In the Vietnamese Mekong Delta (VMD), water levels at some stations have increased. However, the factors that cause this rise in the VMD have not been identified. We considered four factors that may have contributed to the water level rise: (1) increased runoff from upstream, (2) sea-level rise, (3) land subsidence, and (4) decrease in flood mitigation function due to construction of high dykes. We analyzed daily maximum and minimum water levels, and mean daily water levels from 24 monitoring stations from 1987 to 2006. Using daily and annual water level differences, we classified the delta into two groups; one is dominated by flows from upstream, while the other is tide-dominated. We then tested the trends of annual maximum and minimum water levels using the Mann-Kendall test, and identified the slope of the trend using the method of Sen. The areas of dyke construction were estimated using the Enhanced Vegetation Index (EVI) and Land Surface Water Index (LSWI) from the Moderate Resolution Imaging Spectroradiometer (MODIS) data. Results show (1) river inflow has little impact on rising water levels in the VMD, (2) the influence of high dykes on water level rise could not be quantified in this study, (3) both maximum and minimum water levels significantly increased in the tide-dominated area. Trend of annual minimum water level can be considered as the sum sea-level rise and land subsidence. Therefore, we attribute 6.05 mm year −1 (80%) to land subsidence and 1.42 mm year −1 (20%) to sea level rise, indicating inundations have been severe in the VMD, caused primarily by land subsidence. This article is protected by copyright. All rights reserved.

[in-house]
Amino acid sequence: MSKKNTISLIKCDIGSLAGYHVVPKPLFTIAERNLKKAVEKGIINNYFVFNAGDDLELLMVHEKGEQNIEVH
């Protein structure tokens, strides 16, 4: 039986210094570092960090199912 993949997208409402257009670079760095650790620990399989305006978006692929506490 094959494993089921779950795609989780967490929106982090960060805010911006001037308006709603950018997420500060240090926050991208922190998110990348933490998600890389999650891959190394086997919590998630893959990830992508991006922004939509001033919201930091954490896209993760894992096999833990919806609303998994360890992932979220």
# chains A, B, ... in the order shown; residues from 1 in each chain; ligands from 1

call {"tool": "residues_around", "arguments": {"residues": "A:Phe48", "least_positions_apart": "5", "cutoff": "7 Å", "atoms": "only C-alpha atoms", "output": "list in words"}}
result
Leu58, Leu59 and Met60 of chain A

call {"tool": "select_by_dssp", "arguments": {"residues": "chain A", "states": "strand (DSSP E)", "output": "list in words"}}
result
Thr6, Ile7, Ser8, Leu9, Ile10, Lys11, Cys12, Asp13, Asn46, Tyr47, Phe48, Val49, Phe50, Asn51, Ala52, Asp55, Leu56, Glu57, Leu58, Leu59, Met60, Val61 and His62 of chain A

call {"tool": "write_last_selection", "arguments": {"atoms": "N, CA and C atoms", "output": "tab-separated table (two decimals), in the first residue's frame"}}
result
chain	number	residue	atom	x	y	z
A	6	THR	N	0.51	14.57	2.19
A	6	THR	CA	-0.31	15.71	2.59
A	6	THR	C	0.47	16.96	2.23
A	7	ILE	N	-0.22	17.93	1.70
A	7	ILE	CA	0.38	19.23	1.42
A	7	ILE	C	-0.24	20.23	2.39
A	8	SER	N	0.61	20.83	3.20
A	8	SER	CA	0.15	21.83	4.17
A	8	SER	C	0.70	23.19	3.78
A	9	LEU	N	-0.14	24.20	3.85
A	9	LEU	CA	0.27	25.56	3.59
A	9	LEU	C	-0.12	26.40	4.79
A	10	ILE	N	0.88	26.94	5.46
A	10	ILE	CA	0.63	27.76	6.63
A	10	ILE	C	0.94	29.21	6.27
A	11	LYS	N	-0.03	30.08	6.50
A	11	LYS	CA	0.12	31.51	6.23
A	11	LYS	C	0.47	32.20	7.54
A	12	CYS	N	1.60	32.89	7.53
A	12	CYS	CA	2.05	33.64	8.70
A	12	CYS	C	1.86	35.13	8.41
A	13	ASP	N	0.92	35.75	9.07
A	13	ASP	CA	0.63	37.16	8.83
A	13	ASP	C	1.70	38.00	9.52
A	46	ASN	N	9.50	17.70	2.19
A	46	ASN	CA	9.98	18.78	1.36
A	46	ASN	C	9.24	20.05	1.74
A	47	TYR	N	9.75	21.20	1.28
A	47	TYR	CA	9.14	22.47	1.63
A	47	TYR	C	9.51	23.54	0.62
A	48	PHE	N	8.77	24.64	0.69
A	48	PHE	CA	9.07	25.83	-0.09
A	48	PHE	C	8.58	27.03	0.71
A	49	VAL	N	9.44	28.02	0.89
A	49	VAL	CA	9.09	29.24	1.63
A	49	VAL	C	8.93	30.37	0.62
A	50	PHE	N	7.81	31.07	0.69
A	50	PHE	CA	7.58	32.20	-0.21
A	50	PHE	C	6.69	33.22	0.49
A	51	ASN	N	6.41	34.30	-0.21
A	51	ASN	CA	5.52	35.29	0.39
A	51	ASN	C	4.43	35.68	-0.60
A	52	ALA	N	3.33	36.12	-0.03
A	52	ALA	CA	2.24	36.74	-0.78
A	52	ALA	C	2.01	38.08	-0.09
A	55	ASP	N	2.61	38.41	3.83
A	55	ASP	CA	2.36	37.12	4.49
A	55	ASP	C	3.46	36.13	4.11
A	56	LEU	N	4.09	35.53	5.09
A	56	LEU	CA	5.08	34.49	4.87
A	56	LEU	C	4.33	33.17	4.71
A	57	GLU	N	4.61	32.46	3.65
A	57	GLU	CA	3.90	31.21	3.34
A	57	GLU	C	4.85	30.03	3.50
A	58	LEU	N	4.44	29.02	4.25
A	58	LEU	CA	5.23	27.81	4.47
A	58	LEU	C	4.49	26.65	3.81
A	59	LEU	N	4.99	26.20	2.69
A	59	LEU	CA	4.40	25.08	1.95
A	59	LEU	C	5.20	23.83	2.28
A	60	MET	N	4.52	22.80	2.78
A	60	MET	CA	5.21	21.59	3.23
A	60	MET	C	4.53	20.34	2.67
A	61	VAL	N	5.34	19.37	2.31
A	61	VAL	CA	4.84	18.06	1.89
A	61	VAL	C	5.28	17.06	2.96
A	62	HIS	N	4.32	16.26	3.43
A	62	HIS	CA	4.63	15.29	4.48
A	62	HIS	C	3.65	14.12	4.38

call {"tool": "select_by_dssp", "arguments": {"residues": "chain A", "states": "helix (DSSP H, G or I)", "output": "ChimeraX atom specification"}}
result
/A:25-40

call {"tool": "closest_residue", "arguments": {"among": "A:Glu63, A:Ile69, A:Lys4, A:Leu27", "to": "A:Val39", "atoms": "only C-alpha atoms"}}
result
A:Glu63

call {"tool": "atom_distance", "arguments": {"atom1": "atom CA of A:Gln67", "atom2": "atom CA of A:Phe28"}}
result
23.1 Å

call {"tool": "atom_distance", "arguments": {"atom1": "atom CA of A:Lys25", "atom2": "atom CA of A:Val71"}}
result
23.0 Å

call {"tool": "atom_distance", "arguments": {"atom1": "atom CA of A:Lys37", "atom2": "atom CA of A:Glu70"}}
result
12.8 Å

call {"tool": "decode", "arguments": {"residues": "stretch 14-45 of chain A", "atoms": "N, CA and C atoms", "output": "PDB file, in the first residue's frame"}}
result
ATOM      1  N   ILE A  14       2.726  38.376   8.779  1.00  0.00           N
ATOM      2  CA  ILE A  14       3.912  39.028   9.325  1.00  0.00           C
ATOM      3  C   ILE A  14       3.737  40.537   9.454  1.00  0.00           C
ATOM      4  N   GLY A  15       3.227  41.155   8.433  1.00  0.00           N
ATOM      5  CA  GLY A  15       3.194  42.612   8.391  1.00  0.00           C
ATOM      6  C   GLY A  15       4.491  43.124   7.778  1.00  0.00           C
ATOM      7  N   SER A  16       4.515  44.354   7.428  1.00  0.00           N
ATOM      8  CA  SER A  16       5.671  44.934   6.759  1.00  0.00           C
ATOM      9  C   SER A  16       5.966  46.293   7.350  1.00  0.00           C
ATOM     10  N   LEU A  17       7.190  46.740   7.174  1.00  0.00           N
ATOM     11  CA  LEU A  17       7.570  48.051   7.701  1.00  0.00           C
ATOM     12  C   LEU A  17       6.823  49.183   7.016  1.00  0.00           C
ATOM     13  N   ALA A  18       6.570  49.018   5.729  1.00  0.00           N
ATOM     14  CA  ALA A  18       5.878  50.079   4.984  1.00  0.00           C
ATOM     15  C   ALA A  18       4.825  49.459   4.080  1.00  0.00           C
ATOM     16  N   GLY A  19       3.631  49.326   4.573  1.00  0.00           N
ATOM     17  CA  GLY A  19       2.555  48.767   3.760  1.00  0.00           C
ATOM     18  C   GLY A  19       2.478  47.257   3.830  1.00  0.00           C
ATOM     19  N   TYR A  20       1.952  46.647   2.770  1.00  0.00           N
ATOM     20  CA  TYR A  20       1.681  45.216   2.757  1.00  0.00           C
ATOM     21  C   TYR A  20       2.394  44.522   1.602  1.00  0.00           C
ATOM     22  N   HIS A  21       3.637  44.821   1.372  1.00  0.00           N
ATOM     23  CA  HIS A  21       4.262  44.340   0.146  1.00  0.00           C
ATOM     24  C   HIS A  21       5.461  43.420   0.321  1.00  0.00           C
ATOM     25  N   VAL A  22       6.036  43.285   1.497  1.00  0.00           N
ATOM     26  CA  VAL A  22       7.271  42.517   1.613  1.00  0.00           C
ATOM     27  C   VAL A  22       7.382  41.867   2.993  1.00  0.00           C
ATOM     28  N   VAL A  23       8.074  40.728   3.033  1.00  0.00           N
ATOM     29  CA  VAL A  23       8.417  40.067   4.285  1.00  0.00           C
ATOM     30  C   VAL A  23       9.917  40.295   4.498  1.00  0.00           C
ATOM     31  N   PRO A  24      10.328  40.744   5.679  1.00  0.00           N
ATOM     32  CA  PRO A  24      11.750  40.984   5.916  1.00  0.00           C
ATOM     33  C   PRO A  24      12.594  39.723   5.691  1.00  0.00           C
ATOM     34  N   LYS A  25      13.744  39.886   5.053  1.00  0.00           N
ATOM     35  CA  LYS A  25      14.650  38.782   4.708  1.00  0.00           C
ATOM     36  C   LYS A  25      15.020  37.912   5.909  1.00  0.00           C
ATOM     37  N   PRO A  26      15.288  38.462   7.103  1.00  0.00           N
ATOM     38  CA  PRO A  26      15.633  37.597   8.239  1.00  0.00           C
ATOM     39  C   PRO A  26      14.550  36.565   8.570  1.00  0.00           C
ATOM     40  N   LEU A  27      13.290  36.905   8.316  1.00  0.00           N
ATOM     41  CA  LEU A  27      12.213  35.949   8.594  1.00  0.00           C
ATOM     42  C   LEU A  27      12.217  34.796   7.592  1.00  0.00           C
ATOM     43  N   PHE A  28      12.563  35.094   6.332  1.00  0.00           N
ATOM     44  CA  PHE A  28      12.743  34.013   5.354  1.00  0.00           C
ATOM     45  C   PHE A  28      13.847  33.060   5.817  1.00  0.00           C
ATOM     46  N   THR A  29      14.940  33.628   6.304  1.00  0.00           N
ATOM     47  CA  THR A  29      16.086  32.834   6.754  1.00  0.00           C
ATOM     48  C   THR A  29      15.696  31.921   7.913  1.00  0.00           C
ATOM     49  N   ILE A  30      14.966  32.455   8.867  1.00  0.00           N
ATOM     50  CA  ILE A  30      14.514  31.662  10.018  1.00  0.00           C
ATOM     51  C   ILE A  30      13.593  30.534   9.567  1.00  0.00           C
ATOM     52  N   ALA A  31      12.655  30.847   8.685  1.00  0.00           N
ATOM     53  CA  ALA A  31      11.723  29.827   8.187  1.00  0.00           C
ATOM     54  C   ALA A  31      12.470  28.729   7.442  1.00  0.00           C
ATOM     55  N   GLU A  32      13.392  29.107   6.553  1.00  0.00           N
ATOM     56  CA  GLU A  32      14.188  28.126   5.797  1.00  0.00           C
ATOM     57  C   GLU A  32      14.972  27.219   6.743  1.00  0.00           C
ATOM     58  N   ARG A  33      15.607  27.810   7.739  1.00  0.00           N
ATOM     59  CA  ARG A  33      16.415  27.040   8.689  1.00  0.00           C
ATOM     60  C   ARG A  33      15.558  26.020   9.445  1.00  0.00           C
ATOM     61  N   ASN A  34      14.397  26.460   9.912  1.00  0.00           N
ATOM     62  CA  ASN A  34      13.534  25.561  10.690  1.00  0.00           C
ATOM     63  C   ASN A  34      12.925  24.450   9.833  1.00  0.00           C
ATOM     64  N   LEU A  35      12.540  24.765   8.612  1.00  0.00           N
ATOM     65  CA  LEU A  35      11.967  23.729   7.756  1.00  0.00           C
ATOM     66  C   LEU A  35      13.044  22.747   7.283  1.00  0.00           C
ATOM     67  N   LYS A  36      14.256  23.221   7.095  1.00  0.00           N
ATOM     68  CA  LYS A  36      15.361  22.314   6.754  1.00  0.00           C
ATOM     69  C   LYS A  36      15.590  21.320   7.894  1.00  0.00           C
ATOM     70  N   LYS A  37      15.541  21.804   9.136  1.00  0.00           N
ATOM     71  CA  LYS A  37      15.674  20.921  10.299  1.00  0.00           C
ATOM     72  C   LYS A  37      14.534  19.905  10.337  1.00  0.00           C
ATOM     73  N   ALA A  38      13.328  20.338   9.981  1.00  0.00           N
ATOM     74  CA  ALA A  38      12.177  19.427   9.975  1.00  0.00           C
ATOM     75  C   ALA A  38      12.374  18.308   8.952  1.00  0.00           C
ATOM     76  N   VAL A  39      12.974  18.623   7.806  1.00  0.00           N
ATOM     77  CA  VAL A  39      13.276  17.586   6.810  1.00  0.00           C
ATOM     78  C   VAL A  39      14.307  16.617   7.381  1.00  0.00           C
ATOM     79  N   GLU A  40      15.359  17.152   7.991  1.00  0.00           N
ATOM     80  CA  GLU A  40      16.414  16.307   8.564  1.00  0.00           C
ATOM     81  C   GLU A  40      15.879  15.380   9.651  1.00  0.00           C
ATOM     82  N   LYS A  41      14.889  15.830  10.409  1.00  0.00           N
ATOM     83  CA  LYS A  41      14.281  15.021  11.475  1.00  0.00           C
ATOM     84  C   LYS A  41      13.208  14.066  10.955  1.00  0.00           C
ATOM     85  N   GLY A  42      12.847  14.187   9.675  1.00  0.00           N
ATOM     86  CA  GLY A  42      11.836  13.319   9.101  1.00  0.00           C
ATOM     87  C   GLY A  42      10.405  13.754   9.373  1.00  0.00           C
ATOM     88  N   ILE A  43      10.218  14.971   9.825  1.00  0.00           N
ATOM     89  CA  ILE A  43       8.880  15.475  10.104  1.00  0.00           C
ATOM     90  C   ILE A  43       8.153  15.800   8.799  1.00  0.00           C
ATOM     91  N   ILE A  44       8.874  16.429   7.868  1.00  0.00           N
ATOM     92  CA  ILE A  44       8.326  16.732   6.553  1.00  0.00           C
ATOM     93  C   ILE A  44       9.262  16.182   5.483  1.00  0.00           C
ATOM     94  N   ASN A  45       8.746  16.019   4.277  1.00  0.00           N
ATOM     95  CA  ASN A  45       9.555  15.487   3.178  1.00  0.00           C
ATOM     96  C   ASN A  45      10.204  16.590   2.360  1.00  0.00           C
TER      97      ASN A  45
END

Architecture, Civil Engineering, Surveying